During their heyday in the Cambrian Period, some 500 million years ago, trilobites were as common and as diverse as their crustacean cousins are today. These shelled arthropods crawled on seafloors the world over. Some were fingernail size; others as long as a foot. Yet despite that early success, by 250 million years ago they had vanished from the world’s oceans. What happened to them? Some researchers speculate that predators-- including primitive jawed fish--wiped them out. There is a precipitous decline in trilobite diversity as the predator groups got more abundant, says Danita Brandt, a paleontologist at Michigan State University. But Brandt doubts that predation alone can explain the trilobites’ demise. Modern crustaceans, she points out, have no trouble surviving in predator- filled waters.
Brandt thinks another factor may have decided the trilobites’ fate: the way they molted. Like all arthropods, trilobites were encased in a hard protective exoskeleton that they had to shed periodically in order to grow. Each molt is a crisis, says Brandt. During molting the animal is very vulnerable to predators. They shed their hard exoskeleton and then run around--actually, they hide--with this soft new skeleton, which can take hours to harden. And things can go wrong in the process of shedding: an appendage can get stuck in the exoskeleton, and the animal can get injured.
Presumably to minimize that danger, all modern crustaceans have standardized the molting process. They molt the same way every time, Brandt says. In shrimp, a suture opens up between the front half of the exoskeleton and the back, and the animal pops out; crabs also have a suture that opens up every time. Even horseshoe crabs, ancient relatives of crustaceans that have remained virtually unchanged for at least the past 400 million years, always molt in exactly the same way.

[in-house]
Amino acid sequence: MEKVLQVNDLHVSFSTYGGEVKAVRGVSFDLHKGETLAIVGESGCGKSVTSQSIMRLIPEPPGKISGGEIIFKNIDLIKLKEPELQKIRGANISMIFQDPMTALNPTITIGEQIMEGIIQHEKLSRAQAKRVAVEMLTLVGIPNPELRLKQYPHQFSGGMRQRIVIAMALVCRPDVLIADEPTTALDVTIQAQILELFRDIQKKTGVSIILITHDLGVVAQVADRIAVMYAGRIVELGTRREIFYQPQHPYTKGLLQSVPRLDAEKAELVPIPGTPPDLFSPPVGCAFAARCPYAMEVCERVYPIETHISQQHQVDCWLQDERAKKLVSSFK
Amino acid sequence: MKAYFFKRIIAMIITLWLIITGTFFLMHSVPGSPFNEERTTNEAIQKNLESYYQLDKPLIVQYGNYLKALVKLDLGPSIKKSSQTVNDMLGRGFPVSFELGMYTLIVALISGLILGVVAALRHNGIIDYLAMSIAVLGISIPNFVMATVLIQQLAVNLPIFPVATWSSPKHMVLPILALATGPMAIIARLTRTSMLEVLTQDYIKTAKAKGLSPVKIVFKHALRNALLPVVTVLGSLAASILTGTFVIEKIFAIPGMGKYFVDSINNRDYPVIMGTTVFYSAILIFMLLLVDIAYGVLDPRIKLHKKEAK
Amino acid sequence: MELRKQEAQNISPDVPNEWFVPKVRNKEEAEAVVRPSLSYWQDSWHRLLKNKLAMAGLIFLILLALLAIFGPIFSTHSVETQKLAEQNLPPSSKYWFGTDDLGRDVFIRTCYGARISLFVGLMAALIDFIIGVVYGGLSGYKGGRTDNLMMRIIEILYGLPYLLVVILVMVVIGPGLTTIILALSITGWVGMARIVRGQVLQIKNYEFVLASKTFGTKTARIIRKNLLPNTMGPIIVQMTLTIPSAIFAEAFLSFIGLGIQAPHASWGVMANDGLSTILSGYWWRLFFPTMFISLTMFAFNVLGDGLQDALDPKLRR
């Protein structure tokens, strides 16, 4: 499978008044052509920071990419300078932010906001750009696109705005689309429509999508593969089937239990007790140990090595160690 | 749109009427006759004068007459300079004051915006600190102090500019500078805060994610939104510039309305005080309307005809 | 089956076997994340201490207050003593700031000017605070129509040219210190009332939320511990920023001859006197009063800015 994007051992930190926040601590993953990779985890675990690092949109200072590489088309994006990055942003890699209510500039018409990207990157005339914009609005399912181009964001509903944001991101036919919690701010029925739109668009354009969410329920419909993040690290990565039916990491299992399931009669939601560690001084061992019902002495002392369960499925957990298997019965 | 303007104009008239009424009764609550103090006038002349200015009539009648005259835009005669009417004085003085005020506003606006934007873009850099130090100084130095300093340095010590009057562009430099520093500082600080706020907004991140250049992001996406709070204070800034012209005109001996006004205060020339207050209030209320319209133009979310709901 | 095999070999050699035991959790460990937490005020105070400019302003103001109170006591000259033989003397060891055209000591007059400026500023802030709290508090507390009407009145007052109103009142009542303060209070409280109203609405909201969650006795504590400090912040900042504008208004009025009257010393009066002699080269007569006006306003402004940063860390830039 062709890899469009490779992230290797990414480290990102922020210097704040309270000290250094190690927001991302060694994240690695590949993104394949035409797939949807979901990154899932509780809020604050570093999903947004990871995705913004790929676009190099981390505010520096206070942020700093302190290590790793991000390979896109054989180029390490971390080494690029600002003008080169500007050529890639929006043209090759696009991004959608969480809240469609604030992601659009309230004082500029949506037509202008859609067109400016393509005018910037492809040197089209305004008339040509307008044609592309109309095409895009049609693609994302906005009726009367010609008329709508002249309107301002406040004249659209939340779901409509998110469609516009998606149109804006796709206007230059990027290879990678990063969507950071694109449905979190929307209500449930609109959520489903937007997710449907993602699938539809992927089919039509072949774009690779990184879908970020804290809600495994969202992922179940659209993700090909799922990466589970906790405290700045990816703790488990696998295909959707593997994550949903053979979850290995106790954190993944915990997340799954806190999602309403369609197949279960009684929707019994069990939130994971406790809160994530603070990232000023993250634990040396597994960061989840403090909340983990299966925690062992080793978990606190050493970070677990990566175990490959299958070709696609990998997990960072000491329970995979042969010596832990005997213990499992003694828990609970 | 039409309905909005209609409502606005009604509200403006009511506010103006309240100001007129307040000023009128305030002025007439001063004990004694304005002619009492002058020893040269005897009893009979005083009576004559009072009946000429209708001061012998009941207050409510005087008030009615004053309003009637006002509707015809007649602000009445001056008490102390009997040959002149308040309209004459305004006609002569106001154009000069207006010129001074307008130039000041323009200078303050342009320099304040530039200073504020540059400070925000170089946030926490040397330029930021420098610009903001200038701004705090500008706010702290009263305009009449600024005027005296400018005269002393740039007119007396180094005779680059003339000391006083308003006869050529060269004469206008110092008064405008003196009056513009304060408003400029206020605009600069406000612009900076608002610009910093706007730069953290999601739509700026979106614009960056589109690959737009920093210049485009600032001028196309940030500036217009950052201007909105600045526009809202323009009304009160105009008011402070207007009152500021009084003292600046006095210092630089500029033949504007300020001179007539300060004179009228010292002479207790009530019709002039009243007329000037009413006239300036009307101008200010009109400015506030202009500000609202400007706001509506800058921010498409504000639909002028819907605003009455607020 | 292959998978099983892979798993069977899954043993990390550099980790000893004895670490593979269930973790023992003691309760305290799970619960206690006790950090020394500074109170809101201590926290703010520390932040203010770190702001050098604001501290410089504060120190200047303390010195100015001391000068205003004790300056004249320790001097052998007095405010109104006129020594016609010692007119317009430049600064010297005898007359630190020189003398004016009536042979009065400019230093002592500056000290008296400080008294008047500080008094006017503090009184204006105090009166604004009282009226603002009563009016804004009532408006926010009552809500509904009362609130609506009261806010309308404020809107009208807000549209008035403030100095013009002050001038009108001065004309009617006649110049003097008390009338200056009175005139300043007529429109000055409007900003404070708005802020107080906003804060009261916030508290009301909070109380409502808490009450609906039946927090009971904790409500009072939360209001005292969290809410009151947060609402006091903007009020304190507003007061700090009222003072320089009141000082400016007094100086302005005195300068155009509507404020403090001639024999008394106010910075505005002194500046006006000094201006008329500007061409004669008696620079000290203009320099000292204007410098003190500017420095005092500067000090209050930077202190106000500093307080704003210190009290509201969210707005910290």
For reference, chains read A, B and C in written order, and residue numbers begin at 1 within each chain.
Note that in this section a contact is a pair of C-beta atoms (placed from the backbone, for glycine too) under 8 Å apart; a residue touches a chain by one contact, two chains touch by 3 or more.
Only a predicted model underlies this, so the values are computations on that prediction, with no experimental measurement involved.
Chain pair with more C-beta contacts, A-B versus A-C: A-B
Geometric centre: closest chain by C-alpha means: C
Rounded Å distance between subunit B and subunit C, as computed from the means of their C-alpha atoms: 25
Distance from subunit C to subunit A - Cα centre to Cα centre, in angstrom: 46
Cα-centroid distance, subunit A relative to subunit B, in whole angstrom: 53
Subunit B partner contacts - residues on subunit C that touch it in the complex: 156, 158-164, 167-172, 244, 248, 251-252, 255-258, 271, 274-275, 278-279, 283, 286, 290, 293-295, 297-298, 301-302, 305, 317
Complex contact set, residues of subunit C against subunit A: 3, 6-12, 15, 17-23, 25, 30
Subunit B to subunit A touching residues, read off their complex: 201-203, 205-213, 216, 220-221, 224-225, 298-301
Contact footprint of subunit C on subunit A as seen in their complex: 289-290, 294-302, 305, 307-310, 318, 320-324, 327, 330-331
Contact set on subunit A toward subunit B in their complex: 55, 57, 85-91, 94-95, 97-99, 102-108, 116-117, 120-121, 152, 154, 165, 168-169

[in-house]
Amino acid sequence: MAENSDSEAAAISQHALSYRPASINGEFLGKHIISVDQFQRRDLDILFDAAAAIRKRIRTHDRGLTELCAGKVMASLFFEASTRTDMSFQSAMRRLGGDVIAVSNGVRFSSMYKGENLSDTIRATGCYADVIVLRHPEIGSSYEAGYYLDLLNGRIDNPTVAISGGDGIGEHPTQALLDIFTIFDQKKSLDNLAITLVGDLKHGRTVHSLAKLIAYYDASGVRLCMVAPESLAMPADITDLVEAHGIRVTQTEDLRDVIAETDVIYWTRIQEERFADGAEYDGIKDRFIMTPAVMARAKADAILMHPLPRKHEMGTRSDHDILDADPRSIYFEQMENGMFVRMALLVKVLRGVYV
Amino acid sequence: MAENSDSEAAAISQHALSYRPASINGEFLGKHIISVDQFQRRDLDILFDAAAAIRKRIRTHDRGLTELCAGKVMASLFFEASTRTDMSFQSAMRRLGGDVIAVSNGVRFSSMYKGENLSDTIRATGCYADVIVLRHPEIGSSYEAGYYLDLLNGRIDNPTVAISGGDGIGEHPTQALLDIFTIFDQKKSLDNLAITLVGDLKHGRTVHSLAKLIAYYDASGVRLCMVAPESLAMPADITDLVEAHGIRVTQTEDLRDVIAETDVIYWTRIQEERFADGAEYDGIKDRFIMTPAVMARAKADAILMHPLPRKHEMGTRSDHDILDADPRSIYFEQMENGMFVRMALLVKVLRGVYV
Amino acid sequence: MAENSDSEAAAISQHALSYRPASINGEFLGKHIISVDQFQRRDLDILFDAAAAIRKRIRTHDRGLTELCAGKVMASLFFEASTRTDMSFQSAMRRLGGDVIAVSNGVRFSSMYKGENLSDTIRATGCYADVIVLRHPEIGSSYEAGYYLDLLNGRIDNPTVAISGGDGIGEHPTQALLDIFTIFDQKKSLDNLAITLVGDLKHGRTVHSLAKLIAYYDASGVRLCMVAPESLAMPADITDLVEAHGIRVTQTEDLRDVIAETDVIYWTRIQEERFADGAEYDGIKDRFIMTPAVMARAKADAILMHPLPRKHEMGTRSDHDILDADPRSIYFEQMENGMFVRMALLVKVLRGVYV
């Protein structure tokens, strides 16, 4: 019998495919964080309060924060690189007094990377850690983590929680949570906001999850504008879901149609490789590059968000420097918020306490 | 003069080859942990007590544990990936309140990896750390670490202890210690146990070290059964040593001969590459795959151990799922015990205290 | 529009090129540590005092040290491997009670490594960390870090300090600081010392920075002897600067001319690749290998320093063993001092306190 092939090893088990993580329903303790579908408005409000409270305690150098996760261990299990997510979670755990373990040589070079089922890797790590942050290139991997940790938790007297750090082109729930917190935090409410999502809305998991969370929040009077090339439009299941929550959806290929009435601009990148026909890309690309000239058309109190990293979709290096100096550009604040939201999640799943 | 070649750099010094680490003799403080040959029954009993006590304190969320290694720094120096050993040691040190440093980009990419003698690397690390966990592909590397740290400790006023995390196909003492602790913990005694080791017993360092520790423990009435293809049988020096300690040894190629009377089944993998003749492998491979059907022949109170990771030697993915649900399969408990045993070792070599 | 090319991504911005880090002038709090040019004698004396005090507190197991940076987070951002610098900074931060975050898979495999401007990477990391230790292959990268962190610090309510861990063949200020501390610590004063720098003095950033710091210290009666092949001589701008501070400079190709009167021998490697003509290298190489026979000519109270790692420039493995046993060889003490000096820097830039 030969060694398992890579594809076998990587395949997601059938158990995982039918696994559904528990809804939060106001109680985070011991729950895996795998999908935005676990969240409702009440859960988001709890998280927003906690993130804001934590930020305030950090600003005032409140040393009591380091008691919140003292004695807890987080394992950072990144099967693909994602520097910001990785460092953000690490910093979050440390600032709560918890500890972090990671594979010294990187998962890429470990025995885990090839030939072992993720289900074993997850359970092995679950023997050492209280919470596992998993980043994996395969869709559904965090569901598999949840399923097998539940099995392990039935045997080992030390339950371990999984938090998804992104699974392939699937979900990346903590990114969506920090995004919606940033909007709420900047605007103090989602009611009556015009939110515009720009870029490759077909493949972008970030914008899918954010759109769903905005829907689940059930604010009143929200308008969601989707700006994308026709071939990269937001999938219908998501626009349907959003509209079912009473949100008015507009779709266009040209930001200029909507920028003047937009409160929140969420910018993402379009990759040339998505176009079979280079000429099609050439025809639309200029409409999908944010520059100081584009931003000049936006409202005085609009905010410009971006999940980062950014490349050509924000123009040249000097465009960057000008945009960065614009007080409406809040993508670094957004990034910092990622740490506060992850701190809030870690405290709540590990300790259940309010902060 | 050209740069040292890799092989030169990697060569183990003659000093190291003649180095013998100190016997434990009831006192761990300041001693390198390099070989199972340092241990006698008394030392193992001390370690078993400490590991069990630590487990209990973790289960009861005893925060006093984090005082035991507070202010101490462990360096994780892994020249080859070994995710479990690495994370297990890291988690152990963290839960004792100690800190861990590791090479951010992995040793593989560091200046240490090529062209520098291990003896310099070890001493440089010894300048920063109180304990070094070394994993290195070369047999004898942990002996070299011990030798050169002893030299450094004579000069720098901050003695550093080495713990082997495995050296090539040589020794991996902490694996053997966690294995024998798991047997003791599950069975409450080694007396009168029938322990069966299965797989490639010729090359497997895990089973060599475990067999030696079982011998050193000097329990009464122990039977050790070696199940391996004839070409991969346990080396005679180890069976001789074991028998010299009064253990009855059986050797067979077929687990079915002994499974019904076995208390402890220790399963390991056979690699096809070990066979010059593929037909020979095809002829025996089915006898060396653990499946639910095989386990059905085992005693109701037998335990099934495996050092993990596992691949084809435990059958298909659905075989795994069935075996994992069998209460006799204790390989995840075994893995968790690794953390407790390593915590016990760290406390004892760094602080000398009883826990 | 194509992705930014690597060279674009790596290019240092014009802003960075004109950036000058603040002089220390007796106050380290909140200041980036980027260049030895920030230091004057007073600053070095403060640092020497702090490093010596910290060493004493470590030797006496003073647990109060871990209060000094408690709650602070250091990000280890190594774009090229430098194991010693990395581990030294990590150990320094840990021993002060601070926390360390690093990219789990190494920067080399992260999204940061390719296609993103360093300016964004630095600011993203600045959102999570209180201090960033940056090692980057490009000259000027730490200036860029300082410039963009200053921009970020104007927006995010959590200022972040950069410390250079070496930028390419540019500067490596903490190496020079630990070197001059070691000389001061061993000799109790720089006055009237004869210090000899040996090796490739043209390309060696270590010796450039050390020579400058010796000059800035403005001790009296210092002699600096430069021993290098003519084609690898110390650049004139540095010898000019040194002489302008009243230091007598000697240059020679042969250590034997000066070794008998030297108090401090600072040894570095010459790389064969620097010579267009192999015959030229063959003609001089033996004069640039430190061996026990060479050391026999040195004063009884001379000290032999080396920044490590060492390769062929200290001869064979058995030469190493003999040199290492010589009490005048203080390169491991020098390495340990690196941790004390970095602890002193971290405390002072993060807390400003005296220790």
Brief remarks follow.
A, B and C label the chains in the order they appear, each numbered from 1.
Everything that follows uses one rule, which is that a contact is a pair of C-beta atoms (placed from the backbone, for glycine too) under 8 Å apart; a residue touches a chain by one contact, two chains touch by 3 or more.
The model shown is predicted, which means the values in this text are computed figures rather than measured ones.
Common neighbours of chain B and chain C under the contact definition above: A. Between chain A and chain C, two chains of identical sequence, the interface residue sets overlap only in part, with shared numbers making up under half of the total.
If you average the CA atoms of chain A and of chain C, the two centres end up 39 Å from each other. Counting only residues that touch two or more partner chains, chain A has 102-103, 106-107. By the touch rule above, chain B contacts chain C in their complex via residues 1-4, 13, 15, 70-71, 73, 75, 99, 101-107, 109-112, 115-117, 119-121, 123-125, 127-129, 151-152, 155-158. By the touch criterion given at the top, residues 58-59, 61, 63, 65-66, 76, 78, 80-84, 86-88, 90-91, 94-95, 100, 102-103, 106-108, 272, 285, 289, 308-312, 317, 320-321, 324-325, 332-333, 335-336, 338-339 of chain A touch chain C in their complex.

Not so for the hapless trilobites. When Brandt studied thousands of fossilized molted exoskeletons from the genus Flexicalymene, she found that most of the time a suture would open up across the head, and the animal would neatly fall out. But sometimes, it seems, that clean suture failed to open; instead a crack split the segments on the trilobite thorax, and the trilobite then wriggled out as best it could, sometimes getting entangled in the process. Molting in at least a dozen other trilobites has been studied by other researchers; none show a consistent pattern.
I won’t go so far as to say that this inefficient molting habit is the reason the trilobites are extinct, Brandt says. If it had been a problem from the beginning, we wouldn’t have seen this huge diversity. What I am suggesting is that an inefficient molt habit plus an increase in predators may have been a one-two punch they couldn’t recover from.